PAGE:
What this book is about, is writing the chess engine, not the chess program. There is a distinct difference. Most people know chess programs in one way or another; many operating systems even include one in their default installation. So what is the difference?

The part of the software that people normally call the "chess program" is only the user interface, which the player uses to interact with the engine. In the past, the user interface and the engine were often the same piece of software, but nowadays this is mostly not the case. The user interface cannot play chess, while the engine has only very limited means to interact with a user, from a user's point of view.

So, they go together, like this:

The chess engine is on the left, the user interface is on the right. They communicate with one another. This is done through strict rules, which are called a "protocol." In the chess programming world, there are two main protocols:

  • XBoard: designed by Tim Mann and others in the early 1990's.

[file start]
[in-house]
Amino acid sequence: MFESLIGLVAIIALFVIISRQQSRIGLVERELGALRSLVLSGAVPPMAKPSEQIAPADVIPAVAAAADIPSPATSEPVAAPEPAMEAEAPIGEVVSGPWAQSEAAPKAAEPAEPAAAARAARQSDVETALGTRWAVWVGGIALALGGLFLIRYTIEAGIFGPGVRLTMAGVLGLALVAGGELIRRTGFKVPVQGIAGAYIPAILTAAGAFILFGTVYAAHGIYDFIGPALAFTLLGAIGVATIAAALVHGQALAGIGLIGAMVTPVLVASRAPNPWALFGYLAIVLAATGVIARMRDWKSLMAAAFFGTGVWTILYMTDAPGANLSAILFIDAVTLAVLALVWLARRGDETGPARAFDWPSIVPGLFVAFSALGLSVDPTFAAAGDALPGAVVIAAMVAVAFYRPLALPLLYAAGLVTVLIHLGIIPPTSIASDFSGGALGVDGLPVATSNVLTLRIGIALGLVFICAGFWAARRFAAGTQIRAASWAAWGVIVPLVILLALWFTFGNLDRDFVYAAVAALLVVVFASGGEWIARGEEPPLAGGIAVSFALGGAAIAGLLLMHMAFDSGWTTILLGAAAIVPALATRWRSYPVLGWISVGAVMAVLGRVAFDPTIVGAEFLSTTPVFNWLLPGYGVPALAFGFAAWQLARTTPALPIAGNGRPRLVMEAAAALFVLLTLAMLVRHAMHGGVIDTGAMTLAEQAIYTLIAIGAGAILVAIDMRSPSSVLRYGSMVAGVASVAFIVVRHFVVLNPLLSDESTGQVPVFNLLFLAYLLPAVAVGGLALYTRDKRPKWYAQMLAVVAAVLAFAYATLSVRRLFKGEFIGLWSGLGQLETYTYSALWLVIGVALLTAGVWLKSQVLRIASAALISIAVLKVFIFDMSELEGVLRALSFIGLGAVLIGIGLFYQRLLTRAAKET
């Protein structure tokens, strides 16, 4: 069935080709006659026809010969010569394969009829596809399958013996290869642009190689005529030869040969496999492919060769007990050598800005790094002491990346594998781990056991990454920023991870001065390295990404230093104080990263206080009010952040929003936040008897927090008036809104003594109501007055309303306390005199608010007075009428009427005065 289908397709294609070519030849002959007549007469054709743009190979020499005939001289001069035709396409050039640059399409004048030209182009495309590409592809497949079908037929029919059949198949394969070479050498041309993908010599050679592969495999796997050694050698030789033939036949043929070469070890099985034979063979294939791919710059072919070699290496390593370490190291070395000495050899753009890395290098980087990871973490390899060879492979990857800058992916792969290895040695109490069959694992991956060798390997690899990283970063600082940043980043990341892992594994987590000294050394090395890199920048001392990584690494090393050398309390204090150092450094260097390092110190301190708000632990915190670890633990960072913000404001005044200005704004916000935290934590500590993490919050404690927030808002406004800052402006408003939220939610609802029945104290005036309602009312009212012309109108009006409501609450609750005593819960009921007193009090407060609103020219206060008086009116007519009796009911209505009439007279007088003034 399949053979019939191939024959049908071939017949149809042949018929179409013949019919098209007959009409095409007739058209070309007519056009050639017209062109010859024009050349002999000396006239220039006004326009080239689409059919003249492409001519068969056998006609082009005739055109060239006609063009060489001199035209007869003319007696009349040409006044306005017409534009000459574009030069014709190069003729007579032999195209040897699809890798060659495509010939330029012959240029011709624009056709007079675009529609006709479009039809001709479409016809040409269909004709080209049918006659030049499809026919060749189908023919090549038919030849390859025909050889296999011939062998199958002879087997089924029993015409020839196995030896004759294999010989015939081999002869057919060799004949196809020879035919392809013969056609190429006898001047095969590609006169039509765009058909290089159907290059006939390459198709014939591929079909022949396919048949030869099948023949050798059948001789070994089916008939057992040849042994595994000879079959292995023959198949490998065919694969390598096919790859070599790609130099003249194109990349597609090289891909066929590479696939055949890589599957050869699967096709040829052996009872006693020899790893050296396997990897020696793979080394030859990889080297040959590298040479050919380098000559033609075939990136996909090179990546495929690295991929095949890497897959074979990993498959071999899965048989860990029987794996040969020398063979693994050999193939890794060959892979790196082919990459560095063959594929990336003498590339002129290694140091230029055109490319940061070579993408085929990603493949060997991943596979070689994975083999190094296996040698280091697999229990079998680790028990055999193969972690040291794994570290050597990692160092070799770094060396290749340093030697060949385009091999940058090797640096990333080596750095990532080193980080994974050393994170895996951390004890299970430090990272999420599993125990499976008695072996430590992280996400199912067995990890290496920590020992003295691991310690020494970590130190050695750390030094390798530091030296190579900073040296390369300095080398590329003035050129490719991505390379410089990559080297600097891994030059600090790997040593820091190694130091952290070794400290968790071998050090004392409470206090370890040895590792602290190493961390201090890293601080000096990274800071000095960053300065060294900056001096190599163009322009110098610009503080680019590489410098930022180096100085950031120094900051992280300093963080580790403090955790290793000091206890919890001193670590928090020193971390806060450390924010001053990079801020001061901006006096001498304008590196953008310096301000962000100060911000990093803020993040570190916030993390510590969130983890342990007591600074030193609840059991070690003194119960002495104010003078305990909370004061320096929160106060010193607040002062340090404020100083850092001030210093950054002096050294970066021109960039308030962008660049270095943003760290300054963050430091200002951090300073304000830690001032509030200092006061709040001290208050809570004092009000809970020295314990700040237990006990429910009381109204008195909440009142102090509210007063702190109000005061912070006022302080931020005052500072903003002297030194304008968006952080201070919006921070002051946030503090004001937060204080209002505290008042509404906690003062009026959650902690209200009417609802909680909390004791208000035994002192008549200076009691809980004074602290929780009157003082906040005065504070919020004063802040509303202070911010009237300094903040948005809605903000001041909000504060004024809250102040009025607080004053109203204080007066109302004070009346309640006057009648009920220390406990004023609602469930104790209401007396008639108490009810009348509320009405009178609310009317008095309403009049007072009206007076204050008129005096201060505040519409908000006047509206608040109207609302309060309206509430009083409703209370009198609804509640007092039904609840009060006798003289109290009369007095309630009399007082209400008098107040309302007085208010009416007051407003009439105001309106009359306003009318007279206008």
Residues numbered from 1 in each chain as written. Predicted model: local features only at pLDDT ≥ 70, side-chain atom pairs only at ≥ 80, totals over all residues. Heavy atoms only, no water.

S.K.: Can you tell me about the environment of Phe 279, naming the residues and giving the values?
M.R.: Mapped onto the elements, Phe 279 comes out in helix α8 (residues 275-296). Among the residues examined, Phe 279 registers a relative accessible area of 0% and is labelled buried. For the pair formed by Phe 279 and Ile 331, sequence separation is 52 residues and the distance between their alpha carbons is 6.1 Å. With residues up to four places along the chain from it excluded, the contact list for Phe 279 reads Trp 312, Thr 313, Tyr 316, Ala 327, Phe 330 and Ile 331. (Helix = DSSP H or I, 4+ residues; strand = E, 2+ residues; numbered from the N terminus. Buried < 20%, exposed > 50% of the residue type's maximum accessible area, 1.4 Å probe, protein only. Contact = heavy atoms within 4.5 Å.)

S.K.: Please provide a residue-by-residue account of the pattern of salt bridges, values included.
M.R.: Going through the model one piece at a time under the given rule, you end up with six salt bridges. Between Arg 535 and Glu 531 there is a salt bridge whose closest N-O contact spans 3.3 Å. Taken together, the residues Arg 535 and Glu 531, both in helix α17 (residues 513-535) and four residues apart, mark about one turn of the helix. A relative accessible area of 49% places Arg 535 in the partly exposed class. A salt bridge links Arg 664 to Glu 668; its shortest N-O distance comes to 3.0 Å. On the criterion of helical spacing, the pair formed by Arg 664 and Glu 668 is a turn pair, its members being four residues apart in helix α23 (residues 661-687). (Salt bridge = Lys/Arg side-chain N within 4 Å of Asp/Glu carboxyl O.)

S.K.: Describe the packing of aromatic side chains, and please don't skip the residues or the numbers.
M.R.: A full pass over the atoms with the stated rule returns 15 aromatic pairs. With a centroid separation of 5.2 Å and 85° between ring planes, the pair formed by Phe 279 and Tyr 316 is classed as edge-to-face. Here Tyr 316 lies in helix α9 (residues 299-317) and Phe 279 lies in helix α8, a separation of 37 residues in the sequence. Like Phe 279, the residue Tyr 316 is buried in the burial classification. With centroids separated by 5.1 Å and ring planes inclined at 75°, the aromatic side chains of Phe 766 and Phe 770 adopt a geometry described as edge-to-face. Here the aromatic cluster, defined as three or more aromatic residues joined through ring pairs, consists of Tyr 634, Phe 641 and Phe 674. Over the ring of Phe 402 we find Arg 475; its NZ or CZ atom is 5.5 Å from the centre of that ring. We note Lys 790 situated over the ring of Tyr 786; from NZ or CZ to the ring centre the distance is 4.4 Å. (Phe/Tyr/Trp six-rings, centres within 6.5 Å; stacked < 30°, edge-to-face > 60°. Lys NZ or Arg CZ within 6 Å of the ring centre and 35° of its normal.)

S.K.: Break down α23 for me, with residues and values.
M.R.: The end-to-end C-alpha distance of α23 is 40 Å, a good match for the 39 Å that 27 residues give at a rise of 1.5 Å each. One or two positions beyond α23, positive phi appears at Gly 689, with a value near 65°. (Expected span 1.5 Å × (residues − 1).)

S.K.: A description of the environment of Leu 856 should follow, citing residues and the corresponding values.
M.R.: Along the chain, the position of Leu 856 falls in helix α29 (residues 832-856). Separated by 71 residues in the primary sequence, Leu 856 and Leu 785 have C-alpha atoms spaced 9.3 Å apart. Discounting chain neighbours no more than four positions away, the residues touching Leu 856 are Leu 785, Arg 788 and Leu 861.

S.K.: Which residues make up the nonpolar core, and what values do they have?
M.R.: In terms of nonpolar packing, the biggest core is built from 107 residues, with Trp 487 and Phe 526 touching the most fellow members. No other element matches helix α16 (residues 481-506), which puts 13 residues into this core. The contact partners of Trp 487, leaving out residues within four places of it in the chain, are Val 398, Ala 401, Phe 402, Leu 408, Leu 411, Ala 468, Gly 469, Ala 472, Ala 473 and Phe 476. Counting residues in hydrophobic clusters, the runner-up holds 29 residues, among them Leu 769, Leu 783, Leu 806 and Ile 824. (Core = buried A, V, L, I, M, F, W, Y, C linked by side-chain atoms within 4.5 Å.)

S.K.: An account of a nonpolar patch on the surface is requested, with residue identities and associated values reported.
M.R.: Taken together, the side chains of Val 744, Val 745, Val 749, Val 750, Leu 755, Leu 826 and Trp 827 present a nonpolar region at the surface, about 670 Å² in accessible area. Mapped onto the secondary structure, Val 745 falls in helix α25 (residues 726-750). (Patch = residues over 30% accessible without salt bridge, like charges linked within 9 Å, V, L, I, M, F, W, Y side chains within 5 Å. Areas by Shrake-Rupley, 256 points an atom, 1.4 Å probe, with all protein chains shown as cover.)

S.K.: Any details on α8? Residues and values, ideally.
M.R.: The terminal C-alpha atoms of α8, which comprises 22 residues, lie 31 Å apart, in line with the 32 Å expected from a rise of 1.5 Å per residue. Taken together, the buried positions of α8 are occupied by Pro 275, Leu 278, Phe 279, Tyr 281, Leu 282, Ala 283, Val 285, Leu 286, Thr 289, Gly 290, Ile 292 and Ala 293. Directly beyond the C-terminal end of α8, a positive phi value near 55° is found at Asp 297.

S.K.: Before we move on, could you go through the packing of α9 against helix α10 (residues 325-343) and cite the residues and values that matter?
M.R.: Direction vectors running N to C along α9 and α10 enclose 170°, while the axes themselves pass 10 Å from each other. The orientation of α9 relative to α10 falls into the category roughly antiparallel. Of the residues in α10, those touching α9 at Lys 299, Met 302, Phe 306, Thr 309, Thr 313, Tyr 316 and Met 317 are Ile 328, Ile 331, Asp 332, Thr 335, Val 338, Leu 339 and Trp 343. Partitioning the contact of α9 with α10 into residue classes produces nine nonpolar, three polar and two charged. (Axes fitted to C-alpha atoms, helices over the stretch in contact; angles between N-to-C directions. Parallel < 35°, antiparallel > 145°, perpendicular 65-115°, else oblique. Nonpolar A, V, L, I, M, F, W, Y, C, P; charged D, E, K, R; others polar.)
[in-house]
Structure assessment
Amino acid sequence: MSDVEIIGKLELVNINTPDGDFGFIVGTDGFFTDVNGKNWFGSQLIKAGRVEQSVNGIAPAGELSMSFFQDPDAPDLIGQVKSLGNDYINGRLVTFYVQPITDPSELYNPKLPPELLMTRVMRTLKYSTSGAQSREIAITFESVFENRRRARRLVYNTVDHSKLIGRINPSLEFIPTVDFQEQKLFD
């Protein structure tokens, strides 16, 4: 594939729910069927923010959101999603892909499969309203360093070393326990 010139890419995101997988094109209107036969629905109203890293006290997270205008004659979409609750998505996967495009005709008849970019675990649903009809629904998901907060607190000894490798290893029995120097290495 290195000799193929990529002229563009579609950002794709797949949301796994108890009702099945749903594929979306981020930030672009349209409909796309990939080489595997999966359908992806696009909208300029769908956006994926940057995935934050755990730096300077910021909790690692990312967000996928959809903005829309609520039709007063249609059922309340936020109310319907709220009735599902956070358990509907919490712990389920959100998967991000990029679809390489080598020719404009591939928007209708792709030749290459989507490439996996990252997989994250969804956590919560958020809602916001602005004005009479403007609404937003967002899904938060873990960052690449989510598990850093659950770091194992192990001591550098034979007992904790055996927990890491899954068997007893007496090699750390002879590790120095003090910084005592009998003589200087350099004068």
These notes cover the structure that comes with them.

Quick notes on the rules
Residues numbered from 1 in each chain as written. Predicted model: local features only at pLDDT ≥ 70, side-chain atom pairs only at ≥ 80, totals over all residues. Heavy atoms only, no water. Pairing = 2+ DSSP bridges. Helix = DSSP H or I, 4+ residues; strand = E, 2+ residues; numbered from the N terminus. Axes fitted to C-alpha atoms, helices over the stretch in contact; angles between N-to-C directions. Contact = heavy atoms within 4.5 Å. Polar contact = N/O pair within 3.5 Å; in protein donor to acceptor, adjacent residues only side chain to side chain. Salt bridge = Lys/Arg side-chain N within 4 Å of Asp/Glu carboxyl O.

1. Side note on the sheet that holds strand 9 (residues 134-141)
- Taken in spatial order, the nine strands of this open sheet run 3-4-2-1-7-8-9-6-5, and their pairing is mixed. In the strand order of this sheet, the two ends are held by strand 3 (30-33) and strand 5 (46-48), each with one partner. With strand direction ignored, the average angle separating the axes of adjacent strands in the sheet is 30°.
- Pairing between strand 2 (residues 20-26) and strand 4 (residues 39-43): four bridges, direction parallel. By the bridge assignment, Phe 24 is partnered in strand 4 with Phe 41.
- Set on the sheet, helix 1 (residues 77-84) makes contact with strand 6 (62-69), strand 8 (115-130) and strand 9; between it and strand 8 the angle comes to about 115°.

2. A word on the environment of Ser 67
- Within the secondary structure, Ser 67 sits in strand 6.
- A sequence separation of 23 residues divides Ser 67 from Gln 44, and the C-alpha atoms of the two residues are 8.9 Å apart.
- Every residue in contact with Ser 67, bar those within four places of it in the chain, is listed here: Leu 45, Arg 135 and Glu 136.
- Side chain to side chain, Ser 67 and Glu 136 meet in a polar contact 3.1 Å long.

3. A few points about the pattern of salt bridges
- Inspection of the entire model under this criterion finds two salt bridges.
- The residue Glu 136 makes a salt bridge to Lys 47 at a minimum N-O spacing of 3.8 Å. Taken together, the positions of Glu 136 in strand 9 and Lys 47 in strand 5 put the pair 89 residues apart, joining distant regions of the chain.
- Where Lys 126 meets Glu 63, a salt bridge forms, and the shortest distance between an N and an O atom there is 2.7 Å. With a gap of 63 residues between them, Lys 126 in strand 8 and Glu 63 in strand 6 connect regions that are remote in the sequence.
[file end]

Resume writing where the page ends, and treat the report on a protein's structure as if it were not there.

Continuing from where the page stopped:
• UCI: designed by Stephan Meyer-Kahlen in 2001.

Both protocols are designed to do the same thing: create a standardized way for a user interface and a chess engine to communicate with one another. While there are advantages and disadvantages to either protocol, both can accomplish this task equally well. In the "Communication" chapter, we'll look deeper into both protocols.

Why do it like this? Well, because both protocols are standardized, user interfaces and engines that understand the same protocol, should be compatible. This means that chess programs and engines are interchangeable; one program can run many engines, and one engine can run under many different programs. This way, the user will be able to select the chess program he likes best, and then also use his favorite engine.